The optimization algorithm examined combinations of many options for natural gas reciprocating and turbine engines, chilled water storage, and absorption and electric chillers. It determined that any possible cogeneration scheme was not life-cycle cost optimal. The best solution made use of high first cost, high-efficiency, electric mag-lev chillers, an outcome that validated recent decisions at ITL.  Surprisingly, given the mostly flat cooling demand profile, the optimum also included a small amount of chilled water storage. On closer inspection it was clear that, given the daily variation in load for the office portion of the cooling, a small amount of storage could defer the purchase of an additional chiller. Since the load profile was formerly thought of as “flat,” this result would not have been considered in a purely manual analysis.

To validate the Phase I optimization results, ERDC performed manual analysis for several combinations of absorption chillers and on-site natural gas generators, as well as for the grid-powered, highly efficient electric chillers. This analysis arrived at an energy solution similar to that of the Net Zero Planner, but with a slightly higher cost due to its failure to examine every possible combination.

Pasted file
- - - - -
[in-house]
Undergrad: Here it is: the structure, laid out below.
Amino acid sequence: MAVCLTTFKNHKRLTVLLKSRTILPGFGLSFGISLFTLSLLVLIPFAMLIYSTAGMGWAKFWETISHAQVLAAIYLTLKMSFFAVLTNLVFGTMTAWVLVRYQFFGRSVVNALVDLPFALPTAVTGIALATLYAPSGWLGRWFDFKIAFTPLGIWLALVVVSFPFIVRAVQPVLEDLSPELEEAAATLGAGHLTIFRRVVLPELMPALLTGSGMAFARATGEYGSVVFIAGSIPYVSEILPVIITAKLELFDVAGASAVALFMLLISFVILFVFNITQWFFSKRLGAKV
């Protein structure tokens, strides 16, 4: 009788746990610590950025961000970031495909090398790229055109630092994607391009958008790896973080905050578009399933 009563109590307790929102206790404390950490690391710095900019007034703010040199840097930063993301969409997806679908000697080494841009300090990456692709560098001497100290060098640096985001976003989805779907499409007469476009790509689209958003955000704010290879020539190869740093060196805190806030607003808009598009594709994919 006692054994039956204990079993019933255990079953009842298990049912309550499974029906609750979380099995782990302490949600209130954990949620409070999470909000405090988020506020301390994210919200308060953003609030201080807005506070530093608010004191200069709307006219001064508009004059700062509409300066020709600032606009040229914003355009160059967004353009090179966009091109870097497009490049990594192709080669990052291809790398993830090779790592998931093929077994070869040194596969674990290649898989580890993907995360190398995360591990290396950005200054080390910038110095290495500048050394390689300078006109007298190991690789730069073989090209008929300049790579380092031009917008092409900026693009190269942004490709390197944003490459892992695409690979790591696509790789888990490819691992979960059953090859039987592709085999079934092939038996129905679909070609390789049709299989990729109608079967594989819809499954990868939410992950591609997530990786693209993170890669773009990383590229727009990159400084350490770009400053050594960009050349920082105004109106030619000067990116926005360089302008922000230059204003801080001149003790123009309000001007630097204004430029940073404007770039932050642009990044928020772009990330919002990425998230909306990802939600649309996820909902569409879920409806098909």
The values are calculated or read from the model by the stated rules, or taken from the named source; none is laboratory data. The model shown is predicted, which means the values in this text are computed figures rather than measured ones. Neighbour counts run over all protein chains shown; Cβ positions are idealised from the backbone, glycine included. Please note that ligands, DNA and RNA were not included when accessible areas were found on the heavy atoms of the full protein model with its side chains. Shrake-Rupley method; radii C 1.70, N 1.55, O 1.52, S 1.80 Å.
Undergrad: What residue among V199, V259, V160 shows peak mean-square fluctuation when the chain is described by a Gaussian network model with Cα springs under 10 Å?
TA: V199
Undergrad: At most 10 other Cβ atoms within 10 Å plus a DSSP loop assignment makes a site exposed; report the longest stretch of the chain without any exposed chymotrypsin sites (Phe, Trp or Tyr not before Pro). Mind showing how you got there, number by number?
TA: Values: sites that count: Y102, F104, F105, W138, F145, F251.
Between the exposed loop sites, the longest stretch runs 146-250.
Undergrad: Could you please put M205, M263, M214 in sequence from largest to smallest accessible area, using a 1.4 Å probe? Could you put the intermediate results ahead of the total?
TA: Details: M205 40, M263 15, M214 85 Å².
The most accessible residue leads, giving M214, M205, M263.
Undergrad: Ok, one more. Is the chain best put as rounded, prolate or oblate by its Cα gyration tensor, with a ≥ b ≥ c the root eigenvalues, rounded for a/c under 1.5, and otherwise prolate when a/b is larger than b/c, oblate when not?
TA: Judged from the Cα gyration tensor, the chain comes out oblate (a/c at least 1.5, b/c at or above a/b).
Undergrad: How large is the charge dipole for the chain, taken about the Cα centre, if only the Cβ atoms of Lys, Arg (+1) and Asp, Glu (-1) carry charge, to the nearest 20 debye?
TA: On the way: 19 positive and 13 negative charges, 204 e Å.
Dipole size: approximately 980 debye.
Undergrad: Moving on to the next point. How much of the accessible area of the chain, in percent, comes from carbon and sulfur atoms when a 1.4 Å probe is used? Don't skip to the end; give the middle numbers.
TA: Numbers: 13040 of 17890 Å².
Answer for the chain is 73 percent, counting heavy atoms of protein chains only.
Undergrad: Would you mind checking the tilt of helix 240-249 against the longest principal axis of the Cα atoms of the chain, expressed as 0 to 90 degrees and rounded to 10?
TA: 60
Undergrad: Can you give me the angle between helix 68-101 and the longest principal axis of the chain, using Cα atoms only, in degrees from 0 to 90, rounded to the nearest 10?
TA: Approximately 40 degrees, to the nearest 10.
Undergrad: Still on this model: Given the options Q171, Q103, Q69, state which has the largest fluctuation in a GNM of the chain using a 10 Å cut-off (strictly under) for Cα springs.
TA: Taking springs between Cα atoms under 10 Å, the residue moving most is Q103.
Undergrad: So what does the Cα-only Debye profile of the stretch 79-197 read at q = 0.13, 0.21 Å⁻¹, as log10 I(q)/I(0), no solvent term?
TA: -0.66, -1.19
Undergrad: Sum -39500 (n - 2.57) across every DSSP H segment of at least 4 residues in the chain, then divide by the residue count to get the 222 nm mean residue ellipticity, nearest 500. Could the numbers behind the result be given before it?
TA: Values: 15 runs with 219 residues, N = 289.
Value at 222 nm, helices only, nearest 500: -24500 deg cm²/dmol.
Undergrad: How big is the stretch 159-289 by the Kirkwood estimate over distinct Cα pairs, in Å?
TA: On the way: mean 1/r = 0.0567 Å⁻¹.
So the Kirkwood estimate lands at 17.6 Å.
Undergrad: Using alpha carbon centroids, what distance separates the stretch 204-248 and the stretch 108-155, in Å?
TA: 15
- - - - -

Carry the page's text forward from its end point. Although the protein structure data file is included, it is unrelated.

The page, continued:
Phase II dug deeper into the chilled water storage issue. This study used isolated HPC loads and changed the rate structure from the blended rate that ITL is billed to the marginal rate plus demand charge that ERDC pays, allowing for even more chilled water storage opportunities. Despite the fact that ITL’s load profile is very nearly flat, it shares a substation with the rest of the campus and a large portion of its electric load can be inexpensively “stored” as chilled water; that is, it has a major opportunity to offset the peak loads from the rest of ERDC’s facilities by delaying chiller operation. When Net Zero Planner was run with the more sophisticated utility structure, it recommended chilled water storage twice as large as in Phase I.

Another interesting outcome of Phase II was a result of the new redundancy constraint enforced; due to HPC’s reliability requirements, the optimization was constrained to specify solutions with chilled water capacity 25% in excess of the peak. Without tedious, manual analysis of specific combinations, the algorithm was able to determine that maintaining, but not regularly dispatching, three of the existing air-cooled chillers and decommissioning the remaining one, rather than over-sizing new chillers, provided this redundant capacity at the lowest life-cycle cost.

Both phases validated ITL’s current plan to switch to highly efficient chillers, and manual analysis using well established techniques verified optimization outputs. In addition, the unique capabilities of the optimization revealed that the true life-cycle cost optimum includes some unexpected increases in chilled water storage.

Net Zero Planner 1.0 was released in September of 2013.  It has been demonstrated at Fort Leonard-Wood, West Point Military Academy, and Portsmouth Naval Shipyard, Waterways Experiment station, and Fort Hunter Liggett.